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Demand for mail-in ballots in Texas is growing, as are the risks


The following ran in the July 8, 2012, edition of the Fort Worth Star Telegram. Political Scientist Cal Jillson provided expertise for this story.

July 12, 2012

By Anna M. Tinsley

The primary runoffs may not be until July 31, but the scramble for votes is already on as candidates battle more and more for the increasingly important early mail-in votes.

Thousands of Texans vote at home and mail the ballots. The process is intended for people who are over 65, disabled, out of town or in jail but not convicted of a felony.

But there's a catch.

"If there's voter fraud -- if there is -- that's where it is, with the mail-in ballots," Tarrant County Elections Administrator Steve Raborn said. "We have no way of knowing what happens in the voter's home or if someone is out there trying to coerce votes."

In recent years, mail-in ballots were most in demand during the historic 2008 presidential election, when more than 76,000 were requested from the state. More than 18,000 were sent for the 2010 midterm elections, in which Gov. Rick Perry ran for re-election, and this year, nearly 9,000 have been requested, state records show.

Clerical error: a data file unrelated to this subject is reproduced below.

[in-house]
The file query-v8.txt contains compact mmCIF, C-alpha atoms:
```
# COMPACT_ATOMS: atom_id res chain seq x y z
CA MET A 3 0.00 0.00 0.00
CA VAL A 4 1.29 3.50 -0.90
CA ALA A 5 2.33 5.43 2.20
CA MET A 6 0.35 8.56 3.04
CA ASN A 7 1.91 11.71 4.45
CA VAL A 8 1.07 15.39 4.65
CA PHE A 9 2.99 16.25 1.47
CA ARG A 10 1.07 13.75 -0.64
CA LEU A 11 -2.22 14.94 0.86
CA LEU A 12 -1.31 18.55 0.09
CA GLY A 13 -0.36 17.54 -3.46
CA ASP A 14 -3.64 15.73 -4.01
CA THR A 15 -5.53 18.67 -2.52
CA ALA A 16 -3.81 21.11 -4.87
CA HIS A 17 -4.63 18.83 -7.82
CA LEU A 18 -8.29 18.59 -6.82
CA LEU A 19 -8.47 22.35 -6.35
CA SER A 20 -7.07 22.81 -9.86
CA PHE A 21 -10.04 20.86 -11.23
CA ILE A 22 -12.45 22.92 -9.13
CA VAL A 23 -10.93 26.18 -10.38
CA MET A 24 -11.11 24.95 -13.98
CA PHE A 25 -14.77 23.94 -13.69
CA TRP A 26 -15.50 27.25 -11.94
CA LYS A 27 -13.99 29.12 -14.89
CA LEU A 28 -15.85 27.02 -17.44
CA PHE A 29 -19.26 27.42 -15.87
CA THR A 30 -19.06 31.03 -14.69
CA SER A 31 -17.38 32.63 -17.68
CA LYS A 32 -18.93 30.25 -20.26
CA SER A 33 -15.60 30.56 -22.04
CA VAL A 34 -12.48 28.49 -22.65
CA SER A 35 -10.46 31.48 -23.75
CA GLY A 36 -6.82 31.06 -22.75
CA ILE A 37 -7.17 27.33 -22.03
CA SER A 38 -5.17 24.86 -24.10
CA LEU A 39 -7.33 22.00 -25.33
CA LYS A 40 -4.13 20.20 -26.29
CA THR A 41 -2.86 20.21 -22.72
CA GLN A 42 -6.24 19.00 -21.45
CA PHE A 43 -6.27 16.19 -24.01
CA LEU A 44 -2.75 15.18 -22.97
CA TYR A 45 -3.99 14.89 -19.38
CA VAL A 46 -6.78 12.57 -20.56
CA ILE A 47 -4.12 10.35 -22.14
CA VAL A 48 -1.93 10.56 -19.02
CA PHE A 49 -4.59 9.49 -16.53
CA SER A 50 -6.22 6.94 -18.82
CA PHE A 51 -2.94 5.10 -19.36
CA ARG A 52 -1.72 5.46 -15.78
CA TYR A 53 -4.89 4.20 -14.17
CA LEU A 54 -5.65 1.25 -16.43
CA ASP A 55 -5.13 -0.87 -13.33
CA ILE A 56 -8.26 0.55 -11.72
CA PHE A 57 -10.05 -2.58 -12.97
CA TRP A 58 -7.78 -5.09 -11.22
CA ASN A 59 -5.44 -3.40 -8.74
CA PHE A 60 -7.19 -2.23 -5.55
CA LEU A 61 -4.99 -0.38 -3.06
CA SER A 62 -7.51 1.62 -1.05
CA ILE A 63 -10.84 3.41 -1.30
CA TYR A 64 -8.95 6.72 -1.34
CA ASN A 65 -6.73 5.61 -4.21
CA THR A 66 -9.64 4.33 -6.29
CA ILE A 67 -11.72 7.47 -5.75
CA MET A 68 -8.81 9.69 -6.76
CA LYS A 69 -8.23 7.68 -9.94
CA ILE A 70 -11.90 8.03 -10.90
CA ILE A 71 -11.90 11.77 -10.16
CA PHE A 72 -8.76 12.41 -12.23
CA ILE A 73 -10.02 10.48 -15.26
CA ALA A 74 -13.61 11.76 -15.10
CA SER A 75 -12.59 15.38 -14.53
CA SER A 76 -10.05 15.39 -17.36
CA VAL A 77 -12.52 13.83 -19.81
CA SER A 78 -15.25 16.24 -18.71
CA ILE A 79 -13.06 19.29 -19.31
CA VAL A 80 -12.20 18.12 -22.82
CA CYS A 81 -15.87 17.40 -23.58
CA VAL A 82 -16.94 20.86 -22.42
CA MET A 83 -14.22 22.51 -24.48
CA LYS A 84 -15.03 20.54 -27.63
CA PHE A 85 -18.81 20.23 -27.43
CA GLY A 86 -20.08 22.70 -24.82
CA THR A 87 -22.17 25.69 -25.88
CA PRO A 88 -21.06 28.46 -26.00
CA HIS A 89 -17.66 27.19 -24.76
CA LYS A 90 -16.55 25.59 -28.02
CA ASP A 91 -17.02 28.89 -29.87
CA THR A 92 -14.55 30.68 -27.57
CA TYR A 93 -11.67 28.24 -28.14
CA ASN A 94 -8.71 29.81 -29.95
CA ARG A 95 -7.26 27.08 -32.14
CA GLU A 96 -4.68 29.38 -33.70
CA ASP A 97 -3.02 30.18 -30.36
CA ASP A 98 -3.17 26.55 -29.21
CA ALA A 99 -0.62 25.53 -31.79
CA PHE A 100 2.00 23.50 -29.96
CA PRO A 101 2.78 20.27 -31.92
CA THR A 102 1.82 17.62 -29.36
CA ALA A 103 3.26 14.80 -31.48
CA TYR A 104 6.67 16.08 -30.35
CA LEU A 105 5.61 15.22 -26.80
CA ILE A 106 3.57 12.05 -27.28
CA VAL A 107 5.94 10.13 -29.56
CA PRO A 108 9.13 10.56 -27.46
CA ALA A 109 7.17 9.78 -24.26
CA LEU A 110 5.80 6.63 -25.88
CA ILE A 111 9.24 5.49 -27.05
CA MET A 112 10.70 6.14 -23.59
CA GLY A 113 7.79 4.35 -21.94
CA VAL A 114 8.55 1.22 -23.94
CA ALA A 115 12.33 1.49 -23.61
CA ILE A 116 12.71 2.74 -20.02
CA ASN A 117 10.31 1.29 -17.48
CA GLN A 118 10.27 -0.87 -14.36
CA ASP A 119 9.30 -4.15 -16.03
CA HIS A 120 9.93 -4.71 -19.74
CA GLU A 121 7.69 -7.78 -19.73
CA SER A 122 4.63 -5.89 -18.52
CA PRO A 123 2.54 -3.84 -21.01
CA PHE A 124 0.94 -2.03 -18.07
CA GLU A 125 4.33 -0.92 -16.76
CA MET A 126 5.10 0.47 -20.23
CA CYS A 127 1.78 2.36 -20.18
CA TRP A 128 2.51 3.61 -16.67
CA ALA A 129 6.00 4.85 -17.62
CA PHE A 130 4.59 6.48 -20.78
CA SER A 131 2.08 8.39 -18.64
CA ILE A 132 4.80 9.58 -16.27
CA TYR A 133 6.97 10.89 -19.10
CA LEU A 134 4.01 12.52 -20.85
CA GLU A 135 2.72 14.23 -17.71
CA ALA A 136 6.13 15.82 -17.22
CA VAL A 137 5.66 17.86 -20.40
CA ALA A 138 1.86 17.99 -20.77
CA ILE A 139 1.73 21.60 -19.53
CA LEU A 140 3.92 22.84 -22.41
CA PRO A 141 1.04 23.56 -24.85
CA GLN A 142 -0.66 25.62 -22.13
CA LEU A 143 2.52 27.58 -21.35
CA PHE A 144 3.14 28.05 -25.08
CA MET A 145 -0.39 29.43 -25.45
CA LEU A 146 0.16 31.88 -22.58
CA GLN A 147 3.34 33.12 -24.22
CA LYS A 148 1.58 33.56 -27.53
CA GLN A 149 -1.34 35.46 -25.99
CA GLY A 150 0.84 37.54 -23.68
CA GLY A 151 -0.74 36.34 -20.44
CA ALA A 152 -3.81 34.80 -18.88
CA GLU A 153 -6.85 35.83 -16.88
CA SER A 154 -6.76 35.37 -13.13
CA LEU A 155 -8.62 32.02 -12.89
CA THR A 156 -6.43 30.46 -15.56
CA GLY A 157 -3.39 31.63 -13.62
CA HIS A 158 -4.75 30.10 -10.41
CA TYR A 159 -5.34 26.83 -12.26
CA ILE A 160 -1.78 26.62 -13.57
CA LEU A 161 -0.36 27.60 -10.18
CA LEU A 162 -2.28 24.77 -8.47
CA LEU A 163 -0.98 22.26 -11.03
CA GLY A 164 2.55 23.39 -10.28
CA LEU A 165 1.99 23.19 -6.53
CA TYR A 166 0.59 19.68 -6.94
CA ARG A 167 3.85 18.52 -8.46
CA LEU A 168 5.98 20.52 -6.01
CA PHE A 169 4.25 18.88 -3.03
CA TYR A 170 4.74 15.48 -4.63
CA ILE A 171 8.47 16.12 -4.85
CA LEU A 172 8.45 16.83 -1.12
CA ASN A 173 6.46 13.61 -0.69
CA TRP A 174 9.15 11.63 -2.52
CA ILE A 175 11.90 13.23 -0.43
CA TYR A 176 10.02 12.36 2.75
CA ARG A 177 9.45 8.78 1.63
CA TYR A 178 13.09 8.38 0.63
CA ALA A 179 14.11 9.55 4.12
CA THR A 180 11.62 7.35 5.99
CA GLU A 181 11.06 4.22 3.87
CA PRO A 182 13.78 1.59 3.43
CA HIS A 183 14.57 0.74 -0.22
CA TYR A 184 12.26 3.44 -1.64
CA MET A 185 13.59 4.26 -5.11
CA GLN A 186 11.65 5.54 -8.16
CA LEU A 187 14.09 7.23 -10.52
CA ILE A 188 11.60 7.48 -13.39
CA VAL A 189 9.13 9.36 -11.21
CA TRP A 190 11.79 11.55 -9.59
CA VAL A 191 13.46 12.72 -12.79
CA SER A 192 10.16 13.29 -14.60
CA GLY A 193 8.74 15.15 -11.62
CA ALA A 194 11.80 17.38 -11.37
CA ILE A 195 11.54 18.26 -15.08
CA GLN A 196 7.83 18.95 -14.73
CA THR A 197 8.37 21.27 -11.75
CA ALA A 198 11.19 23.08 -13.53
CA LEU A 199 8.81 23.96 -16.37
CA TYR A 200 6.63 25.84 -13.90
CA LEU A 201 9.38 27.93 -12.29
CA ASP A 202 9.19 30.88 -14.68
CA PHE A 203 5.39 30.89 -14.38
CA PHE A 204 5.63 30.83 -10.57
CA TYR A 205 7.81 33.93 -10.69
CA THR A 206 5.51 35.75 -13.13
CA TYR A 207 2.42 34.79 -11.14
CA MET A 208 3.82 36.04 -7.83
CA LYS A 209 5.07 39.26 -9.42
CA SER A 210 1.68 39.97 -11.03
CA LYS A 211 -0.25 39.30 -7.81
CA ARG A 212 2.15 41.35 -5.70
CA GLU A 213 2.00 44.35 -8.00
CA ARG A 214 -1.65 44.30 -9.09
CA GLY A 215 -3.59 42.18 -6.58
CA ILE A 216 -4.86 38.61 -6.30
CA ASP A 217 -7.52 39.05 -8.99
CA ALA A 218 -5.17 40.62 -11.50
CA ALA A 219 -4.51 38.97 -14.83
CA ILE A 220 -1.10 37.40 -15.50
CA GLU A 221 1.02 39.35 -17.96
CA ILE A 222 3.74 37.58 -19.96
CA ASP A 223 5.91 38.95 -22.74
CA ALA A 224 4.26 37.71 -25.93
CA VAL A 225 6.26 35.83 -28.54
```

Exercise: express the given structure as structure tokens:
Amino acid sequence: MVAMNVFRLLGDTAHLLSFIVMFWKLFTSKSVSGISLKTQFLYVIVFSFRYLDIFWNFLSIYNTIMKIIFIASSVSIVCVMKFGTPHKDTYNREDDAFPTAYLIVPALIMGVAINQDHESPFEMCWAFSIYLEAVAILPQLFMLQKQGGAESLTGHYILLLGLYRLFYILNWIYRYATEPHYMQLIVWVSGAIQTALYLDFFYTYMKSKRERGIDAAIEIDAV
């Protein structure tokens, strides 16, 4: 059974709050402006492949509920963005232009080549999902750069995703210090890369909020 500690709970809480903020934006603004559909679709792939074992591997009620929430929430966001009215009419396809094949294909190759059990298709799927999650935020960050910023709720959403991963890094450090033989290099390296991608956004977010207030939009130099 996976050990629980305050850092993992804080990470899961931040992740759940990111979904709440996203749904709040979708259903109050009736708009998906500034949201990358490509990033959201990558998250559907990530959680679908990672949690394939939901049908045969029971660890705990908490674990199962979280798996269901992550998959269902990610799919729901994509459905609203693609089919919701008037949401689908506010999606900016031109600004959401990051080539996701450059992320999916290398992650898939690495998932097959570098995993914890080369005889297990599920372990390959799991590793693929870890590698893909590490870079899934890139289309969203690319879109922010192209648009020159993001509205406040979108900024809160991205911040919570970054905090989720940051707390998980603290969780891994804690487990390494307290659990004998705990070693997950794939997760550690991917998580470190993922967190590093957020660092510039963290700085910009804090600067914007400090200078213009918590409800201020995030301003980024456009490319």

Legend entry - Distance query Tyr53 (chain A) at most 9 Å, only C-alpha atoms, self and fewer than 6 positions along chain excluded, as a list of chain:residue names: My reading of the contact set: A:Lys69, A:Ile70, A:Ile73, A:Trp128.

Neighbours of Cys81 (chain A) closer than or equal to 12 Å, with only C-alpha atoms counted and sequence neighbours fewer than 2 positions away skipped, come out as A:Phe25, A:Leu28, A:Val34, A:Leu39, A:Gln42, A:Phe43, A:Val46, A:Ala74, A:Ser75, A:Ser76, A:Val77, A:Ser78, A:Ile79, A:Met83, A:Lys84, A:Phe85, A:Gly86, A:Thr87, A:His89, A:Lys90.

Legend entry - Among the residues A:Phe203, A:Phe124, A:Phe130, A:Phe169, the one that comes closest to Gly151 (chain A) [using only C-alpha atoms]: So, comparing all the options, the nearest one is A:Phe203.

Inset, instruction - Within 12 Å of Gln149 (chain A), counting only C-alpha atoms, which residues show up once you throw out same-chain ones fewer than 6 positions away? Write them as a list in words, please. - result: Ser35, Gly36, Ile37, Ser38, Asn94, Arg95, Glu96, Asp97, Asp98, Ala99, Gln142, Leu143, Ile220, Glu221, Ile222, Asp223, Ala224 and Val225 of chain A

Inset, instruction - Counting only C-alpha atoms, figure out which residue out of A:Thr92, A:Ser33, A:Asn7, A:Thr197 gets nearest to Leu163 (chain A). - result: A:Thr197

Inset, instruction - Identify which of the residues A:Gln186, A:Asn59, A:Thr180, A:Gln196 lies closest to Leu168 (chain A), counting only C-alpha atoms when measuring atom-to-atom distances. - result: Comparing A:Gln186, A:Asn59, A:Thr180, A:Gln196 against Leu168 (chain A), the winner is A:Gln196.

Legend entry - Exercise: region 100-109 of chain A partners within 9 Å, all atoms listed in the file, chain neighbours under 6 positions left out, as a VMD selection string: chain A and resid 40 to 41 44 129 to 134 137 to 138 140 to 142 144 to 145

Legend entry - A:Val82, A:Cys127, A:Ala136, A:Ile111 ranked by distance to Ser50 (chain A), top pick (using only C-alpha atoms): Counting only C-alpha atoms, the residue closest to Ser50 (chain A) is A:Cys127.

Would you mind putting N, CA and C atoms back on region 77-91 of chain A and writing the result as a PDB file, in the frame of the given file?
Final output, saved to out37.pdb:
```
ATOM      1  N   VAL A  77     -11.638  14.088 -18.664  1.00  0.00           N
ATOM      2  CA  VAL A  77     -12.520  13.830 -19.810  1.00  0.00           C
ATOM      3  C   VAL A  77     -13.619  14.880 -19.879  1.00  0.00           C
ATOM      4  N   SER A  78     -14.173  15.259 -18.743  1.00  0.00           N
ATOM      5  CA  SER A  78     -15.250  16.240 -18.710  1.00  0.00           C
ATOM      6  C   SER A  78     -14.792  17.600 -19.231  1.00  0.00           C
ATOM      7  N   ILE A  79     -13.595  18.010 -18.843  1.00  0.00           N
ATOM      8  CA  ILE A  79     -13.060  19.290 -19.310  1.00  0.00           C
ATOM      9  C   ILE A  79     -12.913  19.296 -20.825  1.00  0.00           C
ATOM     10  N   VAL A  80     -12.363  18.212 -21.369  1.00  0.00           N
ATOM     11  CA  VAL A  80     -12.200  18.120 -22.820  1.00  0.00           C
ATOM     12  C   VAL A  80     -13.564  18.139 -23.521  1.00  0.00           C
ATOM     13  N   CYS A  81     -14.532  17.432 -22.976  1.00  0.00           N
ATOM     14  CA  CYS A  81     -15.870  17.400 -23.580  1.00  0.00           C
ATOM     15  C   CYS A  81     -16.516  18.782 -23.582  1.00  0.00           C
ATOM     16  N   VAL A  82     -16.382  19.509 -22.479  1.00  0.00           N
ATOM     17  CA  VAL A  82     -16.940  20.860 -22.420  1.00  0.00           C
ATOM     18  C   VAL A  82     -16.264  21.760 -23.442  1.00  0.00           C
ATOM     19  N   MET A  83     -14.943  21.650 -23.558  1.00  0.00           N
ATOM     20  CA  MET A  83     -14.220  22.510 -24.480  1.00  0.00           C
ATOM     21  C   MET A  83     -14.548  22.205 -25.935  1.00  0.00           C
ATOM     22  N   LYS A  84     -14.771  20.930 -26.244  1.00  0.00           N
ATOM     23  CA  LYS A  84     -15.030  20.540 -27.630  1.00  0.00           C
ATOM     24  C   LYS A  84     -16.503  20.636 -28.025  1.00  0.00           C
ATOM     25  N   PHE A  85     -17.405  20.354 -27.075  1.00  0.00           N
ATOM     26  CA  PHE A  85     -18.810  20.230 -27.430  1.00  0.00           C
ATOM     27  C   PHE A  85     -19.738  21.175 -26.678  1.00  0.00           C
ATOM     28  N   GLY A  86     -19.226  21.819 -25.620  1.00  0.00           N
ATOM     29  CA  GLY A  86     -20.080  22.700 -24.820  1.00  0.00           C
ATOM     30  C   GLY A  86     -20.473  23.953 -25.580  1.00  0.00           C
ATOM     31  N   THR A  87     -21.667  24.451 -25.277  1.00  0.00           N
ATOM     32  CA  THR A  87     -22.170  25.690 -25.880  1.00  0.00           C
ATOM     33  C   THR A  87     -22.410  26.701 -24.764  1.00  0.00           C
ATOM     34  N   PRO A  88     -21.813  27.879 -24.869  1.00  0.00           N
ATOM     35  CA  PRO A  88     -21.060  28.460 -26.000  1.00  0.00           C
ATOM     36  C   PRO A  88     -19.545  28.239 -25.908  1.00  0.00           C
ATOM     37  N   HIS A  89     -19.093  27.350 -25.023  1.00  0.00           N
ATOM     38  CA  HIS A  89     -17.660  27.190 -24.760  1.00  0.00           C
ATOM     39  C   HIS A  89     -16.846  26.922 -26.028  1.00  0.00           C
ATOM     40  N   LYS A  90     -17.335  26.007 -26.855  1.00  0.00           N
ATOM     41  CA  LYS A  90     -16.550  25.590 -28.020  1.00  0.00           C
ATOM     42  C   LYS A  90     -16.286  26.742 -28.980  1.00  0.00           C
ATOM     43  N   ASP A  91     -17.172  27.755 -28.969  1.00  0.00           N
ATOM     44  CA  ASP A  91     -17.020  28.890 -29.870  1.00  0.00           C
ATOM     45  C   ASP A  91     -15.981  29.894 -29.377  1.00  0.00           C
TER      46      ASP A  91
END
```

Concerns about these ballots are generally logged after election results are in....

"Absentee ballots are entirely legal and appropriate and have been for decades," said Cal Jillson, a political science professor at Southern Methodist University in Dallas. "In every election, they get particular scrutiny because they are not votes being cast under the watchful eye of precinct monitors.

"They are filled out at kitchen tables. And we can't see what's happening at those tables," he said. "But the vast majority of them are legal votes."...

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